Facebook co-founder Mark Zuckerberg on Tuesday announced he is a dad -- and pledged to give away his fortune to make the world a "better place" for baby daughter Max and others. In a letter to Max posted on his Facebook page, Zuckerberg and wife Priscilla Chan said they were going to give away 99 percent of their company shares -- estimated current value $45 billion -- during their lives in an effort to make a happy and healthy world. Zuckerberg will "gift or otherwise direct" nearly all his shares of Facebook stock, or the after-tax proceeds of sales of shares, to further a mission of "advancing human potential and promoting equality" by means of activities for the public good, the California-based social network said in a filing with the US Securities and Exchange Commission.
SAN FRANCISCO/BENGALURU (Reuters) - Facebook Inc Chief Executive Officer Mark Zuckerberg and his wife said on Tuesday they will give away 99 percent of their Facebook shares, currently worth about $45 billion, to a new charity in a letter addressed to their daughter, Max, who was born last week. The plan mirrors a move by other high-profile billionaires like Warren Buffett and Bill and Melinda Gates, who have pledged and set up foundations to give away their fortunes to charity. On his Facebook page, Zuckerberg posted a photo of himself, his wife, Priscilla Chan and their new daughter, Max, along with a post entitled 'A letter to our daughter.' In the 2,220-word letter, Zuckerberg and Chan touched on issues including health, education, Internet access and learning before announcing the Chan Zuckerberg Initiative, which aims to "advance human potential and promote equality." Zuckerberg, 31, and Chan said they plan to give away 99 percent of their Facebook shares over their lifetimes to advance the initiative, which was formed as a limited liability company controlled by the two.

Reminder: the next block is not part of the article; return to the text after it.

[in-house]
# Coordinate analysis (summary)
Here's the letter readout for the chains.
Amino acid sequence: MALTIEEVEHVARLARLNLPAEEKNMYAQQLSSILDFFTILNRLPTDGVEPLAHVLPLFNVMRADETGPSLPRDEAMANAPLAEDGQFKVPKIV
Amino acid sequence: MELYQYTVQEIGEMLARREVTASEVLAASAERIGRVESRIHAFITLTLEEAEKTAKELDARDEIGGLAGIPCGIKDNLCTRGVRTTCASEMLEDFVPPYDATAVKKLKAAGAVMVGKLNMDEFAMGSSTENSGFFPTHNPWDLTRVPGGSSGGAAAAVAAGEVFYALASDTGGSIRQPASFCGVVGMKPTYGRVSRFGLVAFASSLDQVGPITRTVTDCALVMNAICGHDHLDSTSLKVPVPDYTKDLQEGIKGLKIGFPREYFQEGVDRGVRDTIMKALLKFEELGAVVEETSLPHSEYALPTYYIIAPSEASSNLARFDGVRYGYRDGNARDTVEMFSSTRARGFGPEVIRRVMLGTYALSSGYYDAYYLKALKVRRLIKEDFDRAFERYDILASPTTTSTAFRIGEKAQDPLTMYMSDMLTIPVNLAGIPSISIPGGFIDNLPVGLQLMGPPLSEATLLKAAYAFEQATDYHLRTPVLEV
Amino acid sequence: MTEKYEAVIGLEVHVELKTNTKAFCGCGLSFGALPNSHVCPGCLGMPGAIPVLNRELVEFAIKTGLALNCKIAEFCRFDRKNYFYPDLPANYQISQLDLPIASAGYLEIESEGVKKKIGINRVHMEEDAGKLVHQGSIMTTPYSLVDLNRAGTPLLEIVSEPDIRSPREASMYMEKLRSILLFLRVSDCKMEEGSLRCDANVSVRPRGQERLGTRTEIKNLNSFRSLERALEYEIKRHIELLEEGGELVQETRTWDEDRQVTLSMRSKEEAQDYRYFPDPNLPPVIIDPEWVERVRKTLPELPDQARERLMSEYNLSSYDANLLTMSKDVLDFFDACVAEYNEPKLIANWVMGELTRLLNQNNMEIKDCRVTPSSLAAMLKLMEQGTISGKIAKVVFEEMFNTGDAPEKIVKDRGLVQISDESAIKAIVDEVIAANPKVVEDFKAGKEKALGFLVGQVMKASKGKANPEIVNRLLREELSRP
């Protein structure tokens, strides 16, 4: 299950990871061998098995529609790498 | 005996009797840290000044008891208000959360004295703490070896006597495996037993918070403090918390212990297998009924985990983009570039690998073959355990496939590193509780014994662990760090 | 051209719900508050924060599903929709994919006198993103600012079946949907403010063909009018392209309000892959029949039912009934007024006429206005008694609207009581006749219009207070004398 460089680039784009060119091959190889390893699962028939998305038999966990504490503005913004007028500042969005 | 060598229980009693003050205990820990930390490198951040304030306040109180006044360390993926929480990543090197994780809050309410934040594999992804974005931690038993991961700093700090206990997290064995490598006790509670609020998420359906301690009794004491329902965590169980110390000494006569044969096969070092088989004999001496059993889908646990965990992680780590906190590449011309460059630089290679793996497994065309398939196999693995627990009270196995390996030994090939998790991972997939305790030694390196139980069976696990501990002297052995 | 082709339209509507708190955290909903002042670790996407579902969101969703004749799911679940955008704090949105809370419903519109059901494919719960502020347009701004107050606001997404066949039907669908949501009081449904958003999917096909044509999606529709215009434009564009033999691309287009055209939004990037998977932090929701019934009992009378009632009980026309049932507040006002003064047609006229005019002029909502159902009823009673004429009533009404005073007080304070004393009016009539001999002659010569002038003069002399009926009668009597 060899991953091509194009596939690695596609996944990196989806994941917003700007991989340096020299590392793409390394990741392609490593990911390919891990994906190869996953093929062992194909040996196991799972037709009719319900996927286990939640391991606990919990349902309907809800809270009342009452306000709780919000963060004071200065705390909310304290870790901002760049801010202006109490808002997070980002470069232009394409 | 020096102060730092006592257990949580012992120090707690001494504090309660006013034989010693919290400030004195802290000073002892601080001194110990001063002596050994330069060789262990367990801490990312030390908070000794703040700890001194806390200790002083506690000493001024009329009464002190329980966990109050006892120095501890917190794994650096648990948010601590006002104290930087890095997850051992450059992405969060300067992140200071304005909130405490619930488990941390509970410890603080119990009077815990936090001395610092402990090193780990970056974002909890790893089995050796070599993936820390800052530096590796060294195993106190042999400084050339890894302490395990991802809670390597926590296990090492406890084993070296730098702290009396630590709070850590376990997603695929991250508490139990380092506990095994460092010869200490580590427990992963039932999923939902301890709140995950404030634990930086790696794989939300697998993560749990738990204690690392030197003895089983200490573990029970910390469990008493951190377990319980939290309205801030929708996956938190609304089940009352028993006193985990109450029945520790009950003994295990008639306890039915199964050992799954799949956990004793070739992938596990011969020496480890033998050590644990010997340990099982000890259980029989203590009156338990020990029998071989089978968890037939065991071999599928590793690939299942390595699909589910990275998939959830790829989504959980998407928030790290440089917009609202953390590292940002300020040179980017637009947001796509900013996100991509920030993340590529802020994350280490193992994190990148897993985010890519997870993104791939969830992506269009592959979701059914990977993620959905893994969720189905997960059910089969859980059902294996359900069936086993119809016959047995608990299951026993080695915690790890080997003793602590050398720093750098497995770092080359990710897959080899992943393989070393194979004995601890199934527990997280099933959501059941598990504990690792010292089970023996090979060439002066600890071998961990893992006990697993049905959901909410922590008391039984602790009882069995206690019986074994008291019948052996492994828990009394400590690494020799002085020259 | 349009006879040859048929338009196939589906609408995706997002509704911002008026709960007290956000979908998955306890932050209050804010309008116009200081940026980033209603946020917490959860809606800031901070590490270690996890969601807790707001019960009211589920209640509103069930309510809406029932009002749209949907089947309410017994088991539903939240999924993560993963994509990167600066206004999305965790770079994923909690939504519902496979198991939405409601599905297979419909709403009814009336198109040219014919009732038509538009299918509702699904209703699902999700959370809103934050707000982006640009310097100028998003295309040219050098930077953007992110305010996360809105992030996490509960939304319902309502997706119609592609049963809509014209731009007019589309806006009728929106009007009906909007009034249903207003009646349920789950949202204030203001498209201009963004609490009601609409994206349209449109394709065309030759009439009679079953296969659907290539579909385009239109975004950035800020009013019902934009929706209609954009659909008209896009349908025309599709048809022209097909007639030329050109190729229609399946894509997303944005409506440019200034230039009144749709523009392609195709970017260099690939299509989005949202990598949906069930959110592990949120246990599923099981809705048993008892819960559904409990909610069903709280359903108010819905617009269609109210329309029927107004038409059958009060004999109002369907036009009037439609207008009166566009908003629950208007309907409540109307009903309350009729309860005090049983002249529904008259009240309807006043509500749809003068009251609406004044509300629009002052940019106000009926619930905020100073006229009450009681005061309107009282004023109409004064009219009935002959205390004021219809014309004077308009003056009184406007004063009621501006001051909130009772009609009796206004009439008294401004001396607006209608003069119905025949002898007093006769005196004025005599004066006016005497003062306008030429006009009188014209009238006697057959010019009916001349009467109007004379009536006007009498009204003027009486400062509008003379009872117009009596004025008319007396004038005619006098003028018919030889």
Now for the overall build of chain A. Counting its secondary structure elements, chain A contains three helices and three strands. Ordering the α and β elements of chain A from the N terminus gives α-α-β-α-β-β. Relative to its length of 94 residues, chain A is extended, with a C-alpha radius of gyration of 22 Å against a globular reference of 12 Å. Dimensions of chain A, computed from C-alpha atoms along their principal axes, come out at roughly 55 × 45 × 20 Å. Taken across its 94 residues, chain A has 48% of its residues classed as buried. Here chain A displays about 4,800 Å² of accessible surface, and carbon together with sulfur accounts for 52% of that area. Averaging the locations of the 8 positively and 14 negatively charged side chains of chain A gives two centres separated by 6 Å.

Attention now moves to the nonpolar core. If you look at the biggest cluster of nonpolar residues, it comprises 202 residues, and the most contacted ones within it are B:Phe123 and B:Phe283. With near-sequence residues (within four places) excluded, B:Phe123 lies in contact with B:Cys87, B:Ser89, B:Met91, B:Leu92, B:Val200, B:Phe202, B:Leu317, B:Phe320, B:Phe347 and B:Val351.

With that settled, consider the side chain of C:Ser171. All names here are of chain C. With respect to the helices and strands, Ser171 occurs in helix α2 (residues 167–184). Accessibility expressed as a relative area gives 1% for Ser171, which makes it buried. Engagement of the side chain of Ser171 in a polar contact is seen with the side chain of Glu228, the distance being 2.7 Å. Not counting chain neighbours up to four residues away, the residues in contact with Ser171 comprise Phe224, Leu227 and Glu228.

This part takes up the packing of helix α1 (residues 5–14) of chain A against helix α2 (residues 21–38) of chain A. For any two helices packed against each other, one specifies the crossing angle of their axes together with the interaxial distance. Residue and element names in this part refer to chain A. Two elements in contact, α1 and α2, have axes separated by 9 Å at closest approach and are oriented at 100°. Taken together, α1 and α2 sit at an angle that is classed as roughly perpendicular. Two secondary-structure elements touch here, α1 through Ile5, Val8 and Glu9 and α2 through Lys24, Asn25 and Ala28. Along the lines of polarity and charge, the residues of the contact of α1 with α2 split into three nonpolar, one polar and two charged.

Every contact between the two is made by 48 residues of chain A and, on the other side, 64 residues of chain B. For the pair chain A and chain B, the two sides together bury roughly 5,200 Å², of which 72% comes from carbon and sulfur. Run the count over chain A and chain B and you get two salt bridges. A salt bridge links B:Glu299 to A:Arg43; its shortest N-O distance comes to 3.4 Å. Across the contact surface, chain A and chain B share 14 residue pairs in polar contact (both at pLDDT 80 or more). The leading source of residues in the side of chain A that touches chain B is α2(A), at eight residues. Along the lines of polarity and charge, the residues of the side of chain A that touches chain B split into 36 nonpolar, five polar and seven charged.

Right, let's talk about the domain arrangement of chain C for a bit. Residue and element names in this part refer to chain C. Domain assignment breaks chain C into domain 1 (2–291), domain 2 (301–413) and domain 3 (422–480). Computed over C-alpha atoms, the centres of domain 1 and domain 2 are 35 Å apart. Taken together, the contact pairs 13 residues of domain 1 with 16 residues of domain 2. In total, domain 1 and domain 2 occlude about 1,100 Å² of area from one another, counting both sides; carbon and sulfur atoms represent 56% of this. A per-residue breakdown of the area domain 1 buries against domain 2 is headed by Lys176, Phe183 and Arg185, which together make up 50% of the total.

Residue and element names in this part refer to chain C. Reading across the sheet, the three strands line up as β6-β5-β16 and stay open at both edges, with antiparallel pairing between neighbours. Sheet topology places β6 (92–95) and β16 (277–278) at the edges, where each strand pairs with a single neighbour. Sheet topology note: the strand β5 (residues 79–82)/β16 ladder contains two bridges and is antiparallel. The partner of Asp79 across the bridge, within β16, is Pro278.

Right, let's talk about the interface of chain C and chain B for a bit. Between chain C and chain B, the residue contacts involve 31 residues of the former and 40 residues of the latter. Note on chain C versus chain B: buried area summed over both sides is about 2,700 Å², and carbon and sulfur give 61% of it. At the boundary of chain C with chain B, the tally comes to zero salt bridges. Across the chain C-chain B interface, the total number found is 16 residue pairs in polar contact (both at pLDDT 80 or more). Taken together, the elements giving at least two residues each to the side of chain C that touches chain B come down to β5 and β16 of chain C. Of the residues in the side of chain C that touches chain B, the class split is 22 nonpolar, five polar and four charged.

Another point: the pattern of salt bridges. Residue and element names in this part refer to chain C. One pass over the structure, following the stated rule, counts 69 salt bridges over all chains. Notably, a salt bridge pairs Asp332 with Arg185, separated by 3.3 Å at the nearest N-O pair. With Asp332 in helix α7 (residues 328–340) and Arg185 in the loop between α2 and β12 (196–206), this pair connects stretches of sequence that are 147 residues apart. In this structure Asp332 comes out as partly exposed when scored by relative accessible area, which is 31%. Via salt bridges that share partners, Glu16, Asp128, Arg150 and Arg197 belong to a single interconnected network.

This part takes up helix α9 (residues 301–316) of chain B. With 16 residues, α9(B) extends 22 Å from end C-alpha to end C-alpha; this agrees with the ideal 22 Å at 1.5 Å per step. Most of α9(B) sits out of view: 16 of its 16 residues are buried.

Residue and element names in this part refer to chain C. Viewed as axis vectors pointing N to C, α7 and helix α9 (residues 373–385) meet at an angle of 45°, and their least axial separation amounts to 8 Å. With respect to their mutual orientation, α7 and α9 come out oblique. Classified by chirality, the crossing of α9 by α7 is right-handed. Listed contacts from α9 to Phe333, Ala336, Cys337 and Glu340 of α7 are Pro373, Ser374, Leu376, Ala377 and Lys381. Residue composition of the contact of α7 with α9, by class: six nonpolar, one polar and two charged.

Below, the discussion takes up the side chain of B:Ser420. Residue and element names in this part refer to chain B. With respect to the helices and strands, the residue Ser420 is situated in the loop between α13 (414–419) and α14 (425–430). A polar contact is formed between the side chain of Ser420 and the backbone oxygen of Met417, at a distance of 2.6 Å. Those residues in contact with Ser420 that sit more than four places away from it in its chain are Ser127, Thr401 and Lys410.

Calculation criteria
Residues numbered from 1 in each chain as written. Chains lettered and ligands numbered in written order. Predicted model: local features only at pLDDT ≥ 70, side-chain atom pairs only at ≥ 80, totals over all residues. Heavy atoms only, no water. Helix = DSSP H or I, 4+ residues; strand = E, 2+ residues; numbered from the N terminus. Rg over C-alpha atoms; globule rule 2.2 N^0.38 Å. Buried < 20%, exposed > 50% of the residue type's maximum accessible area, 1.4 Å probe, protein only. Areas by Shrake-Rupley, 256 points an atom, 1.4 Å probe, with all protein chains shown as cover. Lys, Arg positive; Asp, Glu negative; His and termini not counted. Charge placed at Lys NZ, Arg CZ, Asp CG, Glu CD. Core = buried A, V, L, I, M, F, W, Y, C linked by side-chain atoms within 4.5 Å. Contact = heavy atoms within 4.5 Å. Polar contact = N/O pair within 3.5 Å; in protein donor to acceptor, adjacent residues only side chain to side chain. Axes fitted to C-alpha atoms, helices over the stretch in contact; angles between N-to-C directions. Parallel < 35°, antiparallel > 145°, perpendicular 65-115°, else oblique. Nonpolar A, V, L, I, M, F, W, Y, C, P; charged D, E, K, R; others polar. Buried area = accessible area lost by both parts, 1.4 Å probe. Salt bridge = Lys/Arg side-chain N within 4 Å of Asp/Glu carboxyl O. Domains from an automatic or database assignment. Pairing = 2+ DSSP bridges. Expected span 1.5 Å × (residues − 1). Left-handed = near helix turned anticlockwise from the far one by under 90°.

Hillary Clinton celebrated a civil rights milestone with black leaders Tuesday but warned that the United States was still falling woefully short of providing equality and justice for African-Americans. The former secretary of state, who leads in the race for the 2016 Democratic presidential nomination, traveled to Alabama 60 years to the day after black seamstress Rosa Parks refused to give up her bus seat to a white passenger, an event which changed the course of American history. Clinton cited the need to conduct broad criminal justice reform and to improve voting rights, where she said there was "mischief afoot" in some states where steps have been understood as efforts to make it tougher to register to vote.